SOUTH BEND — For the second week in a row, two cases were settled, including one involving a suspect from the second major drug raid this year by the Pacific County Drug Task Force. The other case stemmed from an incident over two years ago.
Pacific County Superior Court Judge Don Richter and his staff were inside the courtroom again last week, along with Prosecutor Ben Haslam, Chief Deputy Prosecutor Tracey Munger, and Deputy Prosecutor Joe Faurholt. Defense attorneys David Hatch and Harold Karlsvik were also present in the courtroom.
Other than the cases they were settled, the rest of the hearings were either set over a week or two or established trial dates per the norm each week.
Damon D. Townsend
Damon D. Townsend was arrested during a drug raid by the Pacific County Drug Task Force on Feb. 19 in Raymond. As a result, he was charged with three felonies, including possession with the intent to deliver both methamphetamine and heroin. He appeared before the court for a change of plea and sentencing with his attorney Hatch. He appeared out of custody after bailing out a short time after being booked into jail.
The hearing got off to a quick start, with Hatch informing the court that a resolution had been reached involving his client pleading guilty to all five counts he was facing. In exchange for his plea, the prosecution recommended he be sentenced to 60 months in prison (5 years) followed by 12 months of community custody.
Townsend has a lengthy criminal history, including previous stints incarcerated for drug abuse, and once was a counselor for recovering addicts. Due to his criminal record, he has an offender score of 9+, and his standard range for the charges is 60-120 months in prison.
Both the defense and prosecution were in sync with the request, but Richter showed hesitancy after allowing Townsend to address the court. His only statement was that “This is not where I wanted to be in my life. I did everything I was supposed to when I got out of prison the last time.”
Townsend continued by telling the court after his release from prison, he was placed on an antidepressant that began causing seizures, so he had to stop taking them. As a result, it led to him spiraling downhill and ultimately reverting to illegal drug use once again.
“You know from personal experience how damaging this is to an individual, and you may have a very sad story, but there is nothing in your story that gives you the right [to deal heroin], and you of all people should know that,” the judge said.
Before handing down his ruling, Richter also noted that Townsend should be very thankful for his legal representation. “That man next to you, you should be very thankful for because you [should be going] to prison for maximum and not the minimum,” he said.
Richter accepted the resolution as written along with lowering Townsend’s fees to $500 for the case. Townsend was then asked to move to the back of the courtroom to be taken into custody by the jail staff to be booked into the jail and await being transferred to prison.
Casey D. Collins
Casey D. Collins was arrested on March 26 after evading a felony warrant for the past two years stemming from a burglary and harassment incident in Raymond. He was present via Zoom from the Pacific County Jail for a change of plea and sentencing and is represented by Hatch.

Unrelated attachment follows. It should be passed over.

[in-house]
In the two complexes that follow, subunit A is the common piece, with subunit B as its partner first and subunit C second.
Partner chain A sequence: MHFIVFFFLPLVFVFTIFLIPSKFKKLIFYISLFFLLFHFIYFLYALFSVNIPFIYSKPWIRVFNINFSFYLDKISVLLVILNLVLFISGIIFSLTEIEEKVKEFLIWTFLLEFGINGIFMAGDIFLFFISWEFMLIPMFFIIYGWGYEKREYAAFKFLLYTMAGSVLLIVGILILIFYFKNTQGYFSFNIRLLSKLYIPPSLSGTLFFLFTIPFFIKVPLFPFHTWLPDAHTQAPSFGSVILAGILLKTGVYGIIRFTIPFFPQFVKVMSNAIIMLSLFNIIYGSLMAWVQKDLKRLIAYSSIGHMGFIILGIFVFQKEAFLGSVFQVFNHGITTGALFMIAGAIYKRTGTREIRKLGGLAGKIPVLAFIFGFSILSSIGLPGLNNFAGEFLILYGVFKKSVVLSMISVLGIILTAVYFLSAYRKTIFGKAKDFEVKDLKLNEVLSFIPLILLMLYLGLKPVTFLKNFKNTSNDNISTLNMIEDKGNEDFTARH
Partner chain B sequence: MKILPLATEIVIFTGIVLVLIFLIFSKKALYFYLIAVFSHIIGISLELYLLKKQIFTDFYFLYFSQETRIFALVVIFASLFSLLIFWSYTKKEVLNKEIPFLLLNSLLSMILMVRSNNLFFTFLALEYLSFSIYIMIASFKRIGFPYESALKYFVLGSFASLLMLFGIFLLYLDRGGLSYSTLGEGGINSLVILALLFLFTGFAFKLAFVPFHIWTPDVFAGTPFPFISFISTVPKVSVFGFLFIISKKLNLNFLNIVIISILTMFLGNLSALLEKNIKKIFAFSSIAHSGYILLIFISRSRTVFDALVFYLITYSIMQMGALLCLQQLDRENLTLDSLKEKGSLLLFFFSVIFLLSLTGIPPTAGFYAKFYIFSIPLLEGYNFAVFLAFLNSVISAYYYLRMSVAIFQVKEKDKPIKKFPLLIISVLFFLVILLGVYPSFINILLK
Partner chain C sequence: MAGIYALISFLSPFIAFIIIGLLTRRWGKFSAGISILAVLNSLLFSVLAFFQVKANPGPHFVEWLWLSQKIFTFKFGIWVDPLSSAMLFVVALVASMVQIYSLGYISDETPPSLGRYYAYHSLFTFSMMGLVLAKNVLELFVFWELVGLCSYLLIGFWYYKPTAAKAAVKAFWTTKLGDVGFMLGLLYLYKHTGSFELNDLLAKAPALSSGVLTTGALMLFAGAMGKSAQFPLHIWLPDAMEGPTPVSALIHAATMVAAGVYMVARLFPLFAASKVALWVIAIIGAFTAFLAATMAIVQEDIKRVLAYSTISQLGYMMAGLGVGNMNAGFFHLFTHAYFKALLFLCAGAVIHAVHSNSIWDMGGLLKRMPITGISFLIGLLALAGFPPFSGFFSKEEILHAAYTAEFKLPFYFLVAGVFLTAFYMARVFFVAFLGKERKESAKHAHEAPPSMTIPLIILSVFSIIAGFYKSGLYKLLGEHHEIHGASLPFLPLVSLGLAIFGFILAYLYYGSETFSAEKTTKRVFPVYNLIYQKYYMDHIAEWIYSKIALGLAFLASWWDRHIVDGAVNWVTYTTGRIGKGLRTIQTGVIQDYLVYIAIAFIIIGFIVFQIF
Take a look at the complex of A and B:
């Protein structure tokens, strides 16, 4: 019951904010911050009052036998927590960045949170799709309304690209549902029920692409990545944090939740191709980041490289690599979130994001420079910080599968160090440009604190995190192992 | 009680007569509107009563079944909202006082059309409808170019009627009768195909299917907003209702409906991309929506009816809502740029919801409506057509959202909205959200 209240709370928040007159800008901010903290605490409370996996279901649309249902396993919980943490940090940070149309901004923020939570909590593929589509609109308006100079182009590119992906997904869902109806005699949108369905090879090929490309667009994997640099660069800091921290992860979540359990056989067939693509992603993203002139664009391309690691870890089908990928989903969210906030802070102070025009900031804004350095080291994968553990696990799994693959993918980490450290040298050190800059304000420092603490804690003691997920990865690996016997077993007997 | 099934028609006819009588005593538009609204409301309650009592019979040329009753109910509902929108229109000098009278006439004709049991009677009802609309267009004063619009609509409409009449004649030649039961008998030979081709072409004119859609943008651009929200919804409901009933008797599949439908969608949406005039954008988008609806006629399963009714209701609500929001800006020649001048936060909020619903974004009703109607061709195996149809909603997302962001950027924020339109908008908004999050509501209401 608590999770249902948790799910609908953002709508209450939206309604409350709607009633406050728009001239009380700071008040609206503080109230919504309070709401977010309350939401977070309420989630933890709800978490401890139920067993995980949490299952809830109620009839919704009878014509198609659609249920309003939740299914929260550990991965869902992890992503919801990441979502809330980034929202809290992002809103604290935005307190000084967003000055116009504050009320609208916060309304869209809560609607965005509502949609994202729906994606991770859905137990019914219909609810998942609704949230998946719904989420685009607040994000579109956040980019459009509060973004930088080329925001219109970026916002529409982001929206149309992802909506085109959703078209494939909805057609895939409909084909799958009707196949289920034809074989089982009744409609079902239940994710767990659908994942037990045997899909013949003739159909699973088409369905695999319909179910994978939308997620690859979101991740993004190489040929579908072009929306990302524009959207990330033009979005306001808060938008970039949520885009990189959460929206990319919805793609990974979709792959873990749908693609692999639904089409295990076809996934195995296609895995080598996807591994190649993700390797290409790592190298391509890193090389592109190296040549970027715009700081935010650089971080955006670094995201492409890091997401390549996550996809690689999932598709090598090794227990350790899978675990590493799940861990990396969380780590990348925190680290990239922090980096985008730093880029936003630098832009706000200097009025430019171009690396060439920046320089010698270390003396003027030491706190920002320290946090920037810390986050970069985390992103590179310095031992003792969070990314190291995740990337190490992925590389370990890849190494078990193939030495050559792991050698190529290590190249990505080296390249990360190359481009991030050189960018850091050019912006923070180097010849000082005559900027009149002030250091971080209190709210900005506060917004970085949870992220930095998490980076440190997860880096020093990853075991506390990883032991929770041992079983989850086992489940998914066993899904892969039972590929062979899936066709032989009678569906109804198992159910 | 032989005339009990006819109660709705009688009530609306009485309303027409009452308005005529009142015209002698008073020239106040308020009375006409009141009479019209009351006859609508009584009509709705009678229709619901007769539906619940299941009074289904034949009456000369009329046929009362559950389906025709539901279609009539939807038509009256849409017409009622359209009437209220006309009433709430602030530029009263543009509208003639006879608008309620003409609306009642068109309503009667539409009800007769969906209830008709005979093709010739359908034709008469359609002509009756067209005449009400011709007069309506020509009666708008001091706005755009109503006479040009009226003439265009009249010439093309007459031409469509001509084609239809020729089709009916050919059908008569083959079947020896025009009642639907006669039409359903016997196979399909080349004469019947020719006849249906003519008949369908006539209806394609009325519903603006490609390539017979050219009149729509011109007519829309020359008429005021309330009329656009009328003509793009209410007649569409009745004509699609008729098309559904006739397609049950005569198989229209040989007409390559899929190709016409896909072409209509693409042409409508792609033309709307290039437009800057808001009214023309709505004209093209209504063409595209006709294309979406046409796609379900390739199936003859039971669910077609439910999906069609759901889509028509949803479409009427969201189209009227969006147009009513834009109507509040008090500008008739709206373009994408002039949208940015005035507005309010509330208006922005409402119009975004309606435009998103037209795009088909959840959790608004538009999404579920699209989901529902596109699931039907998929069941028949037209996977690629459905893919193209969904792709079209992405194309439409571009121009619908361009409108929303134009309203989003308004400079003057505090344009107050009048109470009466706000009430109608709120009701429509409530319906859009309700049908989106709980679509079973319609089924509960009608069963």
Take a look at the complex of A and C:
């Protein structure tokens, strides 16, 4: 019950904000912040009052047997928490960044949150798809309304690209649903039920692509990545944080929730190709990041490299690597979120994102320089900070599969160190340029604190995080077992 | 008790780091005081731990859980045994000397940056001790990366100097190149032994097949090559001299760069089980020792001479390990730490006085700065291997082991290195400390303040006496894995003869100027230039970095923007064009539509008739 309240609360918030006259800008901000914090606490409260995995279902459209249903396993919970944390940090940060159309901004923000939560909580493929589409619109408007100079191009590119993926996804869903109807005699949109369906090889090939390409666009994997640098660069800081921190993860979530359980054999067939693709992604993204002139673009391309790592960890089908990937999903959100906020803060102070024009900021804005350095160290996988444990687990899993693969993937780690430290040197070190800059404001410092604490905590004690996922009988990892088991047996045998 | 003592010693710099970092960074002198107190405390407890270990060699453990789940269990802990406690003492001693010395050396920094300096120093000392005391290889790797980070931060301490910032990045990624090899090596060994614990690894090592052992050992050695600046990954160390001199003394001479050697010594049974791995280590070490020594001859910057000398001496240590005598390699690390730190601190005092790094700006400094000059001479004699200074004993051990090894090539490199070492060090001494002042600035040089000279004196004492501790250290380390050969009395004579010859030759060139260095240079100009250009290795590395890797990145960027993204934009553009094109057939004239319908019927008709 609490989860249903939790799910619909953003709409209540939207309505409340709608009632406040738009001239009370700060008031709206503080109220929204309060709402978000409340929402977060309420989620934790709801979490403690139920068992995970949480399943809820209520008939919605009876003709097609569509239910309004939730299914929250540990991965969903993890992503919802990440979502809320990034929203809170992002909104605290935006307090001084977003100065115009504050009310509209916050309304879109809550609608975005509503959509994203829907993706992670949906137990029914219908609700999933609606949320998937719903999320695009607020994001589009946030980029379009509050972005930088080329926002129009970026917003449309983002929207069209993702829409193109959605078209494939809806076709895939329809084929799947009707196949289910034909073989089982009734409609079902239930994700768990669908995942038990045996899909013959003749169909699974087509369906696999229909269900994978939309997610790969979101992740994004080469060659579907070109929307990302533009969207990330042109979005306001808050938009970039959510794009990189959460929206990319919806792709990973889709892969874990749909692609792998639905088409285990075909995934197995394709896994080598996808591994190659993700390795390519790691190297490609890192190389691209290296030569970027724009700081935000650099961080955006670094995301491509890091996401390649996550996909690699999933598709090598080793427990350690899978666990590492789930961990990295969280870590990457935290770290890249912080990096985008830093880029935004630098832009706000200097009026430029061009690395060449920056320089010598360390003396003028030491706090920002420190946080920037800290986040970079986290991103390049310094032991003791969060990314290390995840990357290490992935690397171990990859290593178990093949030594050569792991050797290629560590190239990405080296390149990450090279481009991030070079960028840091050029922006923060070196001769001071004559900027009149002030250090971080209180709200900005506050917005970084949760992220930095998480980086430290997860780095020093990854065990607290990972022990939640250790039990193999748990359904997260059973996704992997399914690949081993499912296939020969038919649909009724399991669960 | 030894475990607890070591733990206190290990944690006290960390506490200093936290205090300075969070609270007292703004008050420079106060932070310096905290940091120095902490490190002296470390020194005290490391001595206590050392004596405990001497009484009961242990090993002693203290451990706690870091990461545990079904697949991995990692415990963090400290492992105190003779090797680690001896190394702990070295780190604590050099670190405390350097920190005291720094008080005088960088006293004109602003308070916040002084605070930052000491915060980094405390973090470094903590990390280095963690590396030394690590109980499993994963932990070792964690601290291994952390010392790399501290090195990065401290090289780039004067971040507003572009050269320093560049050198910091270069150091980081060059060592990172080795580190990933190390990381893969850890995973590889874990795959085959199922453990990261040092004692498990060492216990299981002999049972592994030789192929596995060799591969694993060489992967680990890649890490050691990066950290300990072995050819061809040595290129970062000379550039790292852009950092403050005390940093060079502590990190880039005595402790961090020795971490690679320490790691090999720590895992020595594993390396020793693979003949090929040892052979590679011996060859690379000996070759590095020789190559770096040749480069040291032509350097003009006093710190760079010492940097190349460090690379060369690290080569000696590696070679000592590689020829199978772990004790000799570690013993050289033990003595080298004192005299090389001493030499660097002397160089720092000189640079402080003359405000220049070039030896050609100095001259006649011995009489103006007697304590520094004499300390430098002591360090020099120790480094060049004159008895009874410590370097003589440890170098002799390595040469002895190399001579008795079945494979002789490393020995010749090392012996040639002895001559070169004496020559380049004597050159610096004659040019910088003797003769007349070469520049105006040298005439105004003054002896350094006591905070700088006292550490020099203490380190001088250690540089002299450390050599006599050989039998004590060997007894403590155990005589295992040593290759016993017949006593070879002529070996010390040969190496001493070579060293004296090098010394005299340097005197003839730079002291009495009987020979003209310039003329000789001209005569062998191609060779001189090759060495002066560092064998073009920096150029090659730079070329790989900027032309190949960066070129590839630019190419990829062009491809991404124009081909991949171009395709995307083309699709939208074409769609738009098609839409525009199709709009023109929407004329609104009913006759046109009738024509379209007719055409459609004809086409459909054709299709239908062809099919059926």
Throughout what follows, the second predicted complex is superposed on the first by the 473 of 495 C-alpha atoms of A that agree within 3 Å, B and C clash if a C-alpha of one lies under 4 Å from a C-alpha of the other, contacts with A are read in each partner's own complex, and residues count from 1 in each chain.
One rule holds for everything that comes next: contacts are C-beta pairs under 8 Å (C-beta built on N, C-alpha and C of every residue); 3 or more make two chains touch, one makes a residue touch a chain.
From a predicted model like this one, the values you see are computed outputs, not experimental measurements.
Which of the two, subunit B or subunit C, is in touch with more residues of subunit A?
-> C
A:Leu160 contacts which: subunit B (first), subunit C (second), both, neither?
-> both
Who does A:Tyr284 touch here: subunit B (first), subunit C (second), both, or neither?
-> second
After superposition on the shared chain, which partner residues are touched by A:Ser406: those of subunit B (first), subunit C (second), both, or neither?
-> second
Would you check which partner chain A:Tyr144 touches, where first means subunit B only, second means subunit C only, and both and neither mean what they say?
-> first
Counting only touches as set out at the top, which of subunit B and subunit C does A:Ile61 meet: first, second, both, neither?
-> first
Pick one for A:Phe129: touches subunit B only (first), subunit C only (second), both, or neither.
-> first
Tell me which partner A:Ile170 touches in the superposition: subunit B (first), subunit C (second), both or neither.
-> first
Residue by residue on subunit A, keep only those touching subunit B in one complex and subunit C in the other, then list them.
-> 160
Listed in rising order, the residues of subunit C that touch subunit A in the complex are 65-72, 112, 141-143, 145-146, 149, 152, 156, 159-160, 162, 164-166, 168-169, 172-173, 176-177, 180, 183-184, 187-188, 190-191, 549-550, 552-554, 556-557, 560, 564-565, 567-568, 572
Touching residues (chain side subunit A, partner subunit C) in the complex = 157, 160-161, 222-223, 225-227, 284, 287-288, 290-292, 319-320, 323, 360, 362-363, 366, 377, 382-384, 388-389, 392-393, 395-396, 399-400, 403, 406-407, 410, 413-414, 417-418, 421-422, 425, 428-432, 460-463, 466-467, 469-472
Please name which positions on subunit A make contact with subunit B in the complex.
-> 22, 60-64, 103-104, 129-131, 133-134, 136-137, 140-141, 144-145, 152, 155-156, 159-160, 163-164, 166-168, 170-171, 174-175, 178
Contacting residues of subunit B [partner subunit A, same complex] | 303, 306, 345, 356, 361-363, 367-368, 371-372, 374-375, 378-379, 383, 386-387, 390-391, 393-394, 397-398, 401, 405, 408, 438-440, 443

The hearing began with Faurholt informing the court that the charges for the case were being amended from first-degree burglary and harassment to one count of second-degree assault. The defense sided with the request, and the court accepted the amended charges.
Following the amended charges, Hatch informed the court that a resolution had been reached with his client pleading guilty to the assault charge. In exchange for the plea, the prosecution recommended a sentence of 3 months in jail followed by 12 months of community custody, resulting in his client’s first “strike offense.”
Richter allowed both sides to give their arguments as to why he should accept the agreement, with both noting it was an appropriate recommendation. The standard range for his charge with an offender score of 0 is 3 to 9 months in jail.
Collings chose not to speak during the hearing when asked if he had anything to say. He answered each question directed at him with either “yes sir” or “yes, your honor.” Richter noted that the defendant was “getting a pretty good break here” before accepting the recommendation.
Before the hearing ended, Richter stated he was sentencing Collins to “the 30 days” before Hatch corrected him and noted “my client isn’t happy about that” as Collins began chuckling on the Zoom feed.
Ronald T. Green
Ronald T. Green entered a change of plea on Nov. 2, 2020, as part of a case resolution for the charge of fourth-degree assault domestic violence. He was sentenced to 364 days in jail with 363 days suspended and was credited for time served for the remaining one day. As part of the case’s resolution, he was also required to complete several evaluations.
He was present inside the courtroom with his attorney Michael Janhunen for a review hearing to check his progress. During the hearing, the prosecution noted that documents were provided to them and the court before and on the day of the hearing that he had completed all resolution requirements.
The court had to take no action, and it was noted that no future court appearances would be necessary. Richter did take a moment to commend Green for his progress since being sentenced by stating, “it sounds like you’re doing well, congratulations.”